According to Jean Piaget (1896-1890), "The principle goal of education in the schools should be creating men and women who are capable of doing new things, not simply repeating what other generations have done" (Brainyquote, 2014). Jean Piaget, born in Switzerland on August 9, 1996, worked at the Binet Institute (1920'), where he incorporated French questions on English intelligence tests (McLeod, 2009). According to McLeod (2009), the difference in answers between children and adults aroused Piaget's curiosity. Finally, in 1936, Piaget developed a systematic study of cognitive development. In addition, Piaget's contributions to cognition and learning include: "theory of cognitive child development, detailed observational studies of cognition in children, and a series of simple, but ingenious tests to reveal different cognitive abilities" (McLeod, 2009). In Piaget's theory of cognitive development, he was interested in how children think through development. The process of which this occurs is Piaget's theory. .
Theory of Cognitive Development.
Before Piaget, the psychological assumption for the thinking of children was they were less competent than adults. In Piaget's research, he showed the outstanding differences between the thinking of children and adults. According to Piaget, children are born with a very basic mental structure, which is genetically inherited and evolved. There are three components of Piaget's theory which are: schemas, adaptation processes from one stage to another, and stages of development (McLeod, 2009). .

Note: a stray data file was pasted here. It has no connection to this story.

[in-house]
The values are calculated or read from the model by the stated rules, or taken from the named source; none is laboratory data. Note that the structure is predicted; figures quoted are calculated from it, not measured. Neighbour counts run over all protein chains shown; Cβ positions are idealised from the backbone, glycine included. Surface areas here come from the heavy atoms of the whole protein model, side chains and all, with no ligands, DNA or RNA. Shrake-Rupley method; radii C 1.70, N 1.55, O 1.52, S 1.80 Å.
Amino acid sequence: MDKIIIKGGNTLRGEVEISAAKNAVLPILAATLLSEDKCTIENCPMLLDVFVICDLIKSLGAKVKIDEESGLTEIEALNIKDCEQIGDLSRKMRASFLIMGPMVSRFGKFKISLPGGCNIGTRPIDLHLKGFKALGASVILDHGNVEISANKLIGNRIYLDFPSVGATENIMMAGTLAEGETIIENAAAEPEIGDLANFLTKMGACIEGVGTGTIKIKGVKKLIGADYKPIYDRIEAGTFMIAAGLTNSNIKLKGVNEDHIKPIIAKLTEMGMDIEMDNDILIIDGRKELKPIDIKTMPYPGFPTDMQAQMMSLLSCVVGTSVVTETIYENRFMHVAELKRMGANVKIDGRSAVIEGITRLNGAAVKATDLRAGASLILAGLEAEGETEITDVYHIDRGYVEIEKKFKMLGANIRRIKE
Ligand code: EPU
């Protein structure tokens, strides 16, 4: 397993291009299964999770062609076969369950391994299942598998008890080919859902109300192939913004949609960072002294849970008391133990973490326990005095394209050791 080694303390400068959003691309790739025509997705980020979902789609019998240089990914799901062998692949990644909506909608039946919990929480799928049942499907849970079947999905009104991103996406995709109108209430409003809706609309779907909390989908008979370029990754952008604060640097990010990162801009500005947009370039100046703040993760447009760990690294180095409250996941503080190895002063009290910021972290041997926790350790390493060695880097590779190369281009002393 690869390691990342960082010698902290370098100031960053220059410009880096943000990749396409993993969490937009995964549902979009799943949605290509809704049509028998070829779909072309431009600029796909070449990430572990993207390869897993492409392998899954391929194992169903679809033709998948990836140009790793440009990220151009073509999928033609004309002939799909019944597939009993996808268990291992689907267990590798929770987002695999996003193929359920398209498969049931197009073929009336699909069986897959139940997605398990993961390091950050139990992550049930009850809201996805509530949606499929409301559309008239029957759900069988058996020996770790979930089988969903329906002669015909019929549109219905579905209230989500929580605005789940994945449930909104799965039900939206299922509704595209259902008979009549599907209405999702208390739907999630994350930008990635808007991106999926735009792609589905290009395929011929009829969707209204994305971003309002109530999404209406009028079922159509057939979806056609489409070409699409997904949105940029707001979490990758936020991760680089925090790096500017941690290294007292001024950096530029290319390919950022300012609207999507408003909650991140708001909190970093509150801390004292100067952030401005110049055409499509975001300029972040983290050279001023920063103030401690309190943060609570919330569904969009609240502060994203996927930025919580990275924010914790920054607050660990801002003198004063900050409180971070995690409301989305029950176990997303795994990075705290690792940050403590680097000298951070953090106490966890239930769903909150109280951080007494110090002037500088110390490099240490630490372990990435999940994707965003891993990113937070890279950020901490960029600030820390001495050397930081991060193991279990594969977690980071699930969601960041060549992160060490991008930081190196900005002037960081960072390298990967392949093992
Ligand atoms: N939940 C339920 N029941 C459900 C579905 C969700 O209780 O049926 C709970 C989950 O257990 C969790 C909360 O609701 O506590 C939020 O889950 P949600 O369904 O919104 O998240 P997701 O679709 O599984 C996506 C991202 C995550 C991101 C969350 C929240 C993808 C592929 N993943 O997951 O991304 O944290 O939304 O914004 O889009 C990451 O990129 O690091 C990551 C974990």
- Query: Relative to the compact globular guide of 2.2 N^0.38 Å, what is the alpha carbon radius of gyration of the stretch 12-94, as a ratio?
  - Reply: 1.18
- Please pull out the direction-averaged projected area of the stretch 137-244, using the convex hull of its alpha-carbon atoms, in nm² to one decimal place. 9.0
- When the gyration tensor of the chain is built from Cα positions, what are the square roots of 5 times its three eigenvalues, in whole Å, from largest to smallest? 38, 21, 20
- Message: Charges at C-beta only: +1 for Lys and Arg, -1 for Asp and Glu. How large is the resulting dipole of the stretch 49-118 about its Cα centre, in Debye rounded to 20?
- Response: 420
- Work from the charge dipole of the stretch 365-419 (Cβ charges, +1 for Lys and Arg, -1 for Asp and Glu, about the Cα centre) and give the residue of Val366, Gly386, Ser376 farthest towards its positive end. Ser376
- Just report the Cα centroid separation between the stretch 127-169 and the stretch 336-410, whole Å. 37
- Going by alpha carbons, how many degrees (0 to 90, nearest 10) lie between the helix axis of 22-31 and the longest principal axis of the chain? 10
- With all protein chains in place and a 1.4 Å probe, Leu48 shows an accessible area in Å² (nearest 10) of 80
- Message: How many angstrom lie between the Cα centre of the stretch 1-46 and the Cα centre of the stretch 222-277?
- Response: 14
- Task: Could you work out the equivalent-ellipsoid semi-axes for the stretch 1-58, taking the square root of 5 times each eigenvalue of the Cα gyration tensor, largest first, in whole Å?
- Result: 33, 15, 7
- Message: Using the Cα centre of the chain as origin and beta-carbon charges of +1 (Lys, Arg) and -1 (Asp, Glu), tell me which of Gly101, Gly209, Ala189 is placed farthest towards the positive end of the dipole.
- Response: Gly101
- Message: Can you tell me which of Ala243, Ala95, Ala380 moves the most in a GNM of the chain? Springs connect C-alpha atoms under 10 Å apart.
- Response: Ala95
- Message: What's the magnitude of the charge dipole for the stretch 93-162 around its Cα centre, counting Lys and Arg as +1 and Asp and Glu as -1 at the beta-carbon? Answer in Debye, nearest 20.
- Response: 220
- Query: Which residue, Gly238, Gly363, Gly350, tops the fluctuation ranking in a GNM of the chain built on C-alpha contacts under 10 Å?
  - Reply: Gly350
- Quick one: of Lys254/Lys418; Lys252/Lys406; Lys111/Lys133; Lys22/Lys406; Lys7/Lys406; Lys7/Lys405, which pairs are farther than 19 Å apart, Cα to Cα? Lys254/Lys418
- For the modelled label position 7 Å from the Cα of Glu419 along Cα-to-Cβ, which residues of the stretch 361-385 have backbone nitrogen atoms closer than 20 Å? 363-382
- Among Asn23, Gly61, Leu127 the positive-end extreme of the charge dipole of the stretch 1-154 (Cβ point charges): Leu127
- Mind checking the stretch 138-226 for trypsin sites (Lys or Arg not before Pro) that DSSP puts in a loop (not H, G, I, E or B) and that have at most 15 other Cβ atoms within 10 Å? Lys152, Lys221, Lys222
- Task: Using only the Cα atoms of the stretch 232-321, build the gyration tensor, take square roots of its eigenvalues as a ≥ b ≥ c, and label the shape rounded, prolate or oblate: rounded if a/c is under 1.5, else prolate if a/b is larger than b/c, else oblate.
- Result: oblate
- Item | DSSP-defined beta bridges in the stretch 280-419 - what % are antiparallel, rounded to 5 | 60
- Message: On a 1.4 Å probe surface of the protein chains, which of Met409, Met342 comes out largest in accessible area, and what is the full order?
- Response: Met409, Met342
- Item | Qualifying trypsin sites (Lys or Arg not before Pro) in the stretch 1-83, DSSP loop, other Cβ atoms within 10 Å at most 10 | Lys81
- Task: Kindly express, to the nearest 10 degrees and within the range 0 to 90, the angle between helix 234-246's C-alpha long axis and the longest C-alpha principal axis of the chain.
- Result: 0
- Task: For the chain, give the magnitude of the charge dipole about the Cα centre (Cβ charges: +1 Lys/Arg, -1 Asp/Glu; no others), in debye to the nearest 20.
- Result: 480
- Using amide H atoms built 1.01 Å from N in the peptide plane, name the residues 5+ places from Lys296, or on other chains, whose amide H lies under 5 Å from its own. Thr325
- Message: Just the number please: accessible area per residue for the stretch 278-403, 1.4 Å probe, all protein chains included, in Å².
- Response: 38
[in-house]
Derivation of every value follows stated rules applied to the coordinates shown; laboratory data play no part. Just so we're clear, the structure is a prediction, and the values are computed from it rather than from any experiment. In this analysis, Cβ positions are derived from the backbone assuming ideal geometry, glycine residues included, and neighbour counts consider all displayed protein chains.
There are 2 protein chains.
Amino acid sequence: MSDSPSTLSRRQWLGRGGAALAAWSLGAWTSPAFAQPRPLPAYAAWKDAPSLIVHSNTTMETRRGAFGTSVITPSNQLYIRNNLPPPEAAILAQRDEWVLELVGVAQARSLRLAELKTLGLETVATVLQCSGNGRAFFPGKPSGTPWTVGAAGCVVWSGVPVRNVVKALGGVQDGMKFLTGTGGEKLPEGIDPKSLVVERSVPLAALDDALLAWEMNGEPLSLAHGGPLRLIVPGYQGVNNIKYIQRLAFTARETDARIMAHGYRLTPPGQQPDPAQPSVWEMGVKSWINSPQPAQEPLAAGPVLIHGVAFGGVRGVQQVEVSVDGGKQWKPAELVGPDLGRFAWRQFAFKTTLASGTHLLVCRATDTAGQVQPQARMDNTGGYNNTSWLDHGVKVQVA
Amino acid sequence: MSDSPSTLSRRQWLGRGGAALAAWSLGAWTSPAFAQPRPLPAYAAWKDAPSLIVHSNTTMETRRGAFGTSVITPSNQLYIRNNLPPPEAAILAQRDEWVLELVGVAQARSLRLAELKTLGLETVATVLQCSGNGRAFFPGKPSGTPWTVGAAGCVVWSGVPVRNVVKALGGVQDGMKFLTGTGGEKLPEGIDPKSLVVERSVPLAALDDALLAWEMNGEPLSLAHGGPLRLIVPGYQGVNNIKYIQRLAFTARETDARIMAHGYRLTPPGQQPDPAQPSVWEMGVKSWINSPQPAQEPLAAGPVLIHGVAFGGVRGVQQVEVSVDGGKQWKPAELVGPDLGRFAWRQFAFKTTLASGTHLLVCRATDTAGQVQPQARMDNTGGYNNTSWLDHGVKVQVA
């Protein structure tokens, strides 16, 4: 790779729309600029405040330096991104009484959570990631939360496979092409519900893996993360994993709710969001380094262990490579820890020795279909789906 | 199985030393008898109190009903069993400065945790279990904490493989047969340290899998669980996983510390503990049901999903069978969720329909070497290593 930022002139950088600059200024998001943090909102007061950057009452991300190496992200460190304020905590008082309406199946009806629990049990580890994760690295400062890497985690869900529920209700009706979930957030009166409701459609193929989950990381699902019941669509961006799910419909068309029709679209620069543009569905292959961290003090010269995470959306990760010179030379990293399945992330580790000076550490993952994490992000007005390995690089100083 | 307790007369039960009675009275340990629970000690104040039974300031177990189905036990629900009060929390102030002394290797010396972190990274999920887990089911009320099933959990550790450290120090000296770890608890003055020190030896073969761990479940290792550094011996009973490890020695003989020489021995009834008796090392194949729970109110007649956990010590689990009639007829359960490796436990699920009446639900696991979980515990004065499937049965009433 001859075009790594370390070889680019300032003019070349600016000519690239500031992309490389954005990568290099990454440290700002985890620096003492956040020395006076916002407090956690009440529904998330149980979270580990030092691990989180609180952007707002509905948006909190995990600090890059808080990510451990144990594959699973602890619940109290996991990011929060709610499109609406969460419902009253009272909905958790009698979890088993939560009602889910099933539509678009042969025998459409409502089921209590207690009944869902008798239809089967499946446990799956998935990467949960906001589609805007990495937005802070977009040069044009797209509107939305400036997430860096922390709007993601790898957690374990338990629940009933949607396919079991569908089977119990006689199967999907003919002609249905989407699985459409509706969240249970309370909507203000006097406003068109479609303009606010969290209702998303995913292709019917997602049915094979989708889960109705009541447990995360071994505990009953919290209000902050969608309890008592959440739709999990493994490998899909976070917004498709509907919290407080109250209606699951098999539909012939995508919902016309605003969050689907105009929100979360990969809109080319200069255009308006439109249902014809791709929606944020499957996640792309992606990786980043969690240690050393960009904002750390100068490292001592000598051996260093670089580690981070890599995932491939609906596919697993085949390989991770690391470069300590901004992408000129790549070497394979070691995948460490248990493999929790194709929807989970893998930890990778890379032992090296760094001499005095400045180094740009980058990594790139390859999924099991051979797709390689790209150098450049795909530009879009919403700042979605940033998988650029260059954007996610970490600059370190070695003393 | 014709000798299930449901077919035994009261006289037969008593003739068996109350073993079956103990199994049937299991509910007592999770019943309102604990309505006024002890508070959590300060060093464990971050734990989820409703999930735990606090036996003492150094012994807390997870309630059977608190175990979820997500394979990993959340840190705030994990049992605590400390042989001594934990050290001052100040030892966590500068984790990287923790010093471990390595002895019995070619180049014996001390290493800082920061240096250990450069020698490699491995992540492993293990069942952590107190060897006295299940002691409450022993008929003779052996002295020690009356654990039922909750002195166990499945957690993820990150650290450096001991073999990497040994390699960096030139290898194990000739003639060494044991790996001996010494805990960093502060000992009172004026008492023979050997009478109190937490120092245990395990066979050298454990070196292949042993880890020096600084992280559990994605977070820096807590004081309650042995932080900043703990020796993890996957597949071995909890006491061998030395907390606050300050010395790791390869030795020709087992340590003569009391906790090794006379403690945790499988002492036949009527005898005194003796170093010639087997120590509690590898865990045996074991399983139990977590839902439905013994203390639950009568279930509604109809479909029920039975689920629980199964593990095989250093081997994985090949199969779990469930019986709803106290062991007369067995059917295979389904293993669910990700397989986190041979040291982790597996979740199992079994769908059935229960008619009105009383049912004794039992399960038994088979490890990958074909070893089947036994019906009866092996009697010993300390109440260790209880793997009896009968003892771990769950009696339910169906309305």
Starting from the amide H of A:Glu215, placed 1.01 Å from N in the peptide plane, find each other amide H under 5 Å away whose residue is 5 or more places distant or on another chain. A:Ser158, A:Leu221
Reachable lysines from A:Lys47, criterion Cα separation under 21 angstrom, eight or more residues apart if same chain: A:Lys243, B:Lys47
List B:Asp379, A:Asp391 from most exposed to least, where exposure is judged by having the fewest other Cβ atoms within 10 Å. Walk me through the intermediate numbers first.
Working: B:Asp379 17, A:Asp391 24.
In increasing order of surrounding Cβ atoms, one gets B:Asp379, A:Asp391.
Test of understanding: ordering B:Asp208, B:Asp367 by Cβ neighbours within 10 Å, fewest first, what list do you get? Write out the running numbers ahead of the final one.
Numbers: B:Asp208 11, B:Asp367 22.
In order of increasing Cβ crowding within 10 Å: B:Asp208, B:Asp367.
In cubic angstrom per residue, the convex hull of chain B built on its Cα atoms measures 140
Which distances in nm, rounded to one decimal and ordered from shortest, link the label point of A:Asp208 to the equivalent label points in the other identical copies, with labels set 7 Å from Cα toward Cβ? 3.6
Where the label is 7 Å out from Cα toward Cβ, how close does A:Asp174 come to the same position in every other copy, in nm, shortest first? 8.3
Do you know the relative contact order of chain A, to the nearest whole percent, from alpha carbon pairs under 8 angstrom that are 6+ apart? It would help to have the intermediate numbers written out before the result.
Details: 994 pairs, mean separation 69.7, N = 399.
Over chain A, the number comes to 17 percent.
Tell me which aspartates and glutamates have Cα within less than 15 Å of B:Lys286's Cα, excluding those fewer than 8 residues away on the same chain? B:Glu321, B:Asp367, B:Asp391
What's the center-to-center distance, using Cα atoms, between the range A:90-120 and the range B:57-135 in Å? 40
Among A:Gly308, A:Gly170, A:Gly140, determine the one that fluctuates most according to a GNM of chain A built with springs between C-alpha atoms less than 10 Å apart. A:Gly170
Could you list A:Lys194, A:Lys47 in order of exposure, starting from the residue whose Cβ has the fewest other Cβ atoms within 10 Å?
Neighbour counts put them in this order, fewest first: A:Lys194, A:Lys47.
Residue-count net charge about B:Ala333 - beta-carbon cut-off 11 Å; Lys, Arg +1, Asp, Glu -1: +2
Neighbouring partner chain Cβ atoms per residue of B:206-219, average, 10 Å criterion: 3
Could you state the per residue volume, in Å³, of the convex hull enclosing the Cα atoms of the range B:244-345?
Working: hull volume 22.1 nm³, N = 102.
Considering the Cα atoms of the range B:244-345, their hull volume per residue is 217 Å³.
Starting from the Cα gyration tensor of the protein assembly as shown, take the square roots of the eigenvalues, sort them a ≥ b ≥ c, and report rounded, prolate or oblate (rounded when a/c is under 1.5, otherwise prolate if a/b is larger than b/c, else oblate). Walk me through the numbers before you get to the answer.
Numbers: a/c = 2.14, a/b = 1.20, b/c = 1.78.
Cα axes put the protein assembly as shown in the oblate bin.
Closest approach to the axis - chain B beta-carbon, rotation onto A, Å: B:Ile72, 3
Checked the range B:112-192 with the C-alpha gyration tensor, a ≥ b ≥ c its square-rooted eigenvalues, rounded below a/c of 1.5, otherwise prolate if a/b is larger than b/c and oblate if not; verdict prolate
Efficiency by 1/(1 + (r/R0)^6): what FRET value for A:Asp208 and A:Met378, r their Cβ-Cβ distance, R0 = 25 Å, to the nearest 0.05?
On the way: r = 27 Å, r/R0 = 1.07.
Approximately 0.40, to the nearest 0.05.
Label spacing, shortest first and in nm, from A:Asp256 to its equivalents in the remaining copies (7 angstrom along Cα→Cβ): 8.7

The easiest way to understand schemas is to think of them as units; how knowledge is related to one another. Schemas are considered building blocks of intelligent behavior and defined as mental representations of the world that are applied when needed. For instance, you can think of it as several papers filed away in your brain, whereas they tell an individual how to act when encountering stimuli.